Absence without leave
Artists who share stuff on Dribbble won't give you the source files. But since the hacker culture is about sharing, and since the fun was about coding, publishing the source code online still makes sense of course.
But in order to get rid of any kind of sense of accountability, the README could only contain:
- the capture
- a disclaimer («I won't maintain this»)
- a public domain / CC0 licence
That way, you can safely share the link around, for those who wonder how it was done.
Also, using source control gives you the ability to go back in time. It can be very rewarding when expanding around an idea or learning a new technology — like Ben and his WebGL hacks — because we tend to forget how it used to look in the first place or how cool it felt when it first worked :)
It can be hard to be proud of our achievements. Probably because there is always something more impressive elsewhere. Or maybe because after too much time spent on something it is not so impressive anymore.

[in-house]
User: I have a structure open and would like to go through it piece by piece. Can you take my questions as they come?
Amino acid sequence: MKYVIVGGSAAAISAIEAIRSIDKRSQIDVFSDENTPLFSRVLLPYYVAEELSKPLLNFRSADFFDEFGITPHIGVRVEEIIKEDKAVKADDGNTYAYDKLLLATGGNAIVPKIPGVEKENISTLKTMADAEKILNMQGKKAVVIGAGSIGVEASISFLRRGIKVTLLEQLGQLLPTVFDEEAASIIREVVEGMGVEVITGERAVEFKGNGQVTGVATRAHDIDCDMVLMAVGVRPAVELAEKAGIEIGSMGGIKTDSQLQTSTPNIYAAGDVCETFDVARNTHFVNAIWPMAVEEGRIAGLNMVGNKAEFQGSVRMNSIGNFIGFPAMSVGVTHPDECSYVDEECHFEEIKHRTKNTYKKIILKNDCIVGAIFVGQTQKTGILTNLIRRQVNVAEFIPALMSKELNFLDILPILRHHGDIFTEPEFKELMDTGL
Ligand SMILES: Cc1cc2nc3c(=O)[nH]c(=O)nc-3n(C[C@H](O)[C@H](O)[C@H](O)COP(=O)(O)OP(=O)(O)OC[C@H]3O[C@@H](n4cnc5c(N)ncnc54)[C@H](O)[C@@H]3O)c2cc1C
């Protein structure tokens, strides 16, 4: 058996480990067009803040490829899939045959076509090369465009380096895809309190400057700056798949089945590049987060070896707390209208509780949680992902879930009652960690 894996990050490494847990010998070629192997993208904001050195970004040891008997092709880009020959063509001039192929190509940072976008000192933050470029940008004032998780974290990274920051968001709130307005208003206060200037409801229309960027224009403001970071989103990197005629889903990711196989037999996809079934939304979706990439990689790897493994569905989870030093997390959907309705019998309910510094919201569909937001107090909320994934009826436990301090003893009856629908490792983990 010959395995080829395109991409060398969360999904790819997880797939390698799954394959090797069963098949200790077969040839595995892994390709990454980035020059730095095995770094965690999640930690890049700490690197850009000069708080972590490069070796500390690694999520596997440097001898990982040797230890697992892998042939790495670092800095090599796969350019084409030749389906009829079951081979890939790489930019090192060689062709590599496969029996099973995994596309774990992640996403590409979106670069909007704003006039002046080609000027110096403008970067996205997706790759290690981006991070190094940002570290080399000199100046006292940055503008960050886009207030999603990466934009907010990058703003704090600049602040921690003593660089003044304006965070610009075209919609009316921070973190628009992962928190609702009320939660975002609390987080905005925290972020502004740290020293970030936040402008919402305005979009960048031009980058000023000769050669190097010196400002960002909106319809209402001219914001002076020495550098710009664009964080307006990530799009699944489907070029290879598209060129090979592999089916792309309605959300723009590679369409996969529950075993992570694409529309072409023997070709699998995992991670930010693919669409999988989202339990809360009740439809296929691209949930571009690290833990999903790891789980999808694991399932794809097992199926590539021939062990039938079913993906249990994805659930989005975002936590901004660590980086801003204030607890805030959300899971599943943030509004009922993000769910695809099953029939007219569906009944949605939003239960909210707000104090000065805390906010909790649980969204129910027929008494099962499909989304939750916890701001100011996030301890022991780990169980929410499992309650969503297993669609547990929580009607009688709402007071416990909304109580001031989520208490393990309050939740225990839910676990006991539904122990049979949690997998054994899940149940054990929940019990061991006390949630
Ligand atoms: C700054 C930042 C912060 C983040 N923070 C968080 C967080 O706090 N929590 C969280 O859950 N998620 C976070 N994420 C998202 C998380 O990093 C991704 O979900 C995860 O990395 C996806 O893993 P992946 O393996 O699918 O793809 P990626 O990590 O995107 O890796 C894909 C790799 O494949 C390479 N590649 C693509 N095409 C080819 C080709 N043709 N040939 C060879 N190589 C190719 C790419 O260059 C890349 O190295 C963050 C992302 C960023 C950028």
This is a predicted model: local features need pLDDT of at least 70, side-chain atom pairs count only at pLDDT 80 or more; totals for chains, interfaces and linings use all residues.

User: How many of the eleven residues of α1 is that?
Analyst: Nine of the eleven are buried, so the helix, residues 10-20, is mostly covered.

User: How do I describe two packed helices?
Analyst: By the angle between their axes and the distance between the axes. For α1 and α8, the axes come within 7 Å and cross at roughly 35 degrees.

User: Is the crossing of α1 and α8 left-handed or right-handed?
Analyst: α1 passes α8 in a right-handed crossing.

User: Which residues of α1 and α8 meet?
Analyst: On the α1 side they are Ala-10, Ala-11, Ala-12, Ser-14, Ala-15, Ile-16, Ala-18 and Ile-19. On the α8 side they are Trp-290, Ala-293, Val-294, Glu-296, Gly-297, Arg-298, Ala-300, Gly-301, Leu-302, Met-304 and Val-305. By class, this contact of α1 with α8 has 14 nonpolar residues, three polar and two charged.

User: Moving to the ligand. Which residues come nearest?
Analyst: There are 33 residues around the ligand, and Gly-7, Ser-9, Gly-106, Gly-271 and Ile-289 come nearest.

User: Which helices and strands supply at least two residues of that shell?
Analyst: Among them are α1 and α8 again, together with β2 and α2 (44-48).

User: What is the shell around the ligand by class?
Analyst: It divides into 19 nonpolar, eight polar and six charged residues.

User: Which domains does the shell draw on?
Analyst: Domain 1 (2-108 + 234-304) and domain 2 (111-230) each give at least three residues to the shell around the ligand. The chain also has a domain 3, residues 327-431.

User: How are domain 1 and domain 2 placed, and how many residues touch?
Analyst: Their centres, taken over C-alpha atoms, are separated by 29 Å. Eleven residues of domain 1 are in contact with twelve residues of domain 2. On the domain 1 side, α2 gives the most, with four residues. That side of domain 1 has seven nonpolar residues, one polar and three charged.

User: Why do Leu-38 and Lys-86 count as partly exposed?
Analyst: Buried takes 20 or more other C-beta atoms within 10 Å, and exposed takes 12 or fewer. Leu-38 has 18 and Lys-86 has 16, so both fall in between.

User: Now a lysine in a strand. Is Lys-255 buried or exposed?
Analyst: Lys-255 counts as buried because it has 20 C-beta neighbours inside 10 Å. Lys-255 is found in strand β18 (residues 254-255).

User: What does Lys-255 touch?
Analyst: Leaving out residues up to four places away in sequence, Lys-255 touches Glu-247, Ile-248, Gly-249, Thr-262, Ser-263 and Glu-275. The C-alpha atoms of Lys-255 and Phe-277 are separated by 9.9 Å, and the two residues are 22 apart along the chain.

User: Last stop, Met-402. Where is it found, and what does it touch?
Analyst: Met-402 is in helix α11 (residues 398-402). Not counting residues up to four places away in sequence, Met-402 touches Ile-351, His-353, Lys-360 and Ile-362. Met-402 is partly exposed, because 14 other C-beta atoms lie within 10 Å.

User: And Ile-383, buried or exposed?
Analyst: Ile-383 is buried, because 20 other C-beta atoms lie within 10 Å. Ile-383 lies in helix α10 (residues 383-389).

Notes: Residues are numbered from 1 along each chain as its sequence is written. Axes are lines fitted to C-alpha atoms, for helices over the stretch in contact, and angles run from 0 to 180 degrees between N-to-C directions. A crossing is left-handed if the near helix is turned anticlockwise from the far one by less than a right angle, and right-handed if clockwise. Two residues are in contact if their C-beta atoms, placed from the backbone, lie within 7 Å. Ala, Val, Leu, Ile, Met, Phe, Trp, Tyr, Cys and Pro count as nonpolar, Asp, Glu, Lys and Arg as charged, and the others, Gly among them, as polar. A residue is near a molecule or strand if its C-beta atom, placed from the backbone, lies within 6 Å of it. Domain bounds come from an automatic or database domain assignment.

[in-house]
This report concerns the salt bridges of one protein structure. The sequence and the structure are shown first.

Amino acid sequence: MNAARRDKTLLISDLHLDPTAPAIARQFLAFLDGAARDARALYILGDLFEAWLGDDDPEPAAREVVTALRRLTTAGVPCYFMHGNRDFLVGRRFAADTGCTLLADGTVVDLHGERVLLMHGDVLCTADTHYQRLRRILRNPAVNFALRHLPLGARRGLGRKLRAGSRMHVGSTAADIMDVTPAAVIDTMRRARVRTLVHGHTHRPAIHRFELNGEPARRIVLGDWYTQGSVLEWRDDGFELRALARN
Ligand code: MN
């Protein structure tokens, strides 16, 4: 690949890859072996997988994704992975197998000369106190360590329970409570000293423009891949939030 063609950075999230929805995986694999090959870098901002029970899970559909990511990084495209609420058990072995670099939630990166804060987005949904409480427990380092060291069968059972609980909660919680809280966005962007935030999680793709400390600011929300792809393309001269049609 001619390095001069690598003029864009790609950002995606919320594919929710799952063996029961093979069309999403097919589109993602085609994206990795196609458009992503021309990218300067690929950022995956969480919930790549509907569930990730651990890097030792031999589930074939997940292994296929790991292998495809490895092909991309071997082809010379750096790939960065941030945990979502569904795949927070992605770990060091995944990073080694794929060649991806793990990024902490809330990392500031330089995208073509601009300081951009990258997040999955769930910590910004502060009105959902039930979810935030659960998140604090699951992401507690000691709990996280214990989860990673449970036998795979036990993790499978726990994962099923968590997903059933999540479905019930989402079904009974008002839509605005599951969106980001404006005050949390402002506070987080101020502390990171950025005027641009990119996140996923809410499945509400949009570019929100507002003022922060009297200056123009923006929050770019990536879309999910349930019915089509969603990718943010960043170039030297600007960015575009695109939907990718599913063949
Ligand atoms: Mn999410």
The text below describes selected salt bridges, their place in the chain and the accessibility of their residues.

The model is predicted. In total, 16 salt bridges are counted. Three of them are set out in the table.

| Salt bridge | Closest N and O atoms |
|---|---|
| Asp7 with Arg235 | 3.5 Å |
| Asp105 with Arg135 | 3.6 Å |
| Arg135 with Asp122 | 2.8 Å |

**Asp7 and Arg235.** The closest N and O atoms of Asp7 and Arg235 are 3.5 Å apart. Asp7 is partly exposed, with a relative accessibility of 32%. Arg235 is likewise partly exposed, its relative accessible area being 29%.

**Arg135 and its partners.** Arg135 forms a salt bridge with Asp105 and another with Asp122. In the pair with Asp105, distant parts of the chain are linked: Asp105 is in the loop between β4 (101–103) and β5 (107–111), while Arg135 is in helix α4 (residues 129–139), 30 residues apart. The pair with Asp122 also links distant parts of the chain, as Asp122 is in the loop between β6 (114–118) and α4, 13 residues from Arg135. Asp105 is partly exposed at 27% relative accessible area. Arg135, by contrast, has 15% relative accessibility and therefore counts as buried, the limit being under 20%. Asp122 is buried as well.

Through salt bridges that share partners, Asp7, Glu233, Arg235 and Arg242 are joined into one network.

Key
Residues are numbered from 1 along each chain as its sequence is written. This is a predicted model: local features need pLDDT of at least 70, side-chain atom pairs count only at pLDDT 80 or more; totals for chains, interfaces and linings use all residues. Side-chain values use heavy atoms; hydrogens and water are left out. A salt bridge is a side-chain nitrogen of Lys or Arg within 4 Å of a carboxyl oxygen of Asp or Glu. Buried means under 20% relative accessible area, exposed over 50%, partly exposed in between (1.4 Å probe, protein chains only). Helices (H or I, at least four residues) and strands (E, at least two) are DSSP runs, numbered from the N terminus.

But I think it is important to show other developers — especially beginners — that everyone can be happy with tiny achievements.
Sharing the coolness of bringing an idea into life is always interesting to someone. Adding some quick description of how unexpected issues were overcome makes it even more pleasant. As an example, the most popular article of this blog is a 2011 post about reverting Git commits (possibly one of the shortest ones too).
Besides, when applying for a job, I tend to think that someone writing about learning and overcoming obstacles has a lot more value than some expert maintaining a very popular open source project during weekends, even if it takes 1000x less time and efforts.
|||See also (in French): Otium et negotium dans l'industrie du logiciel|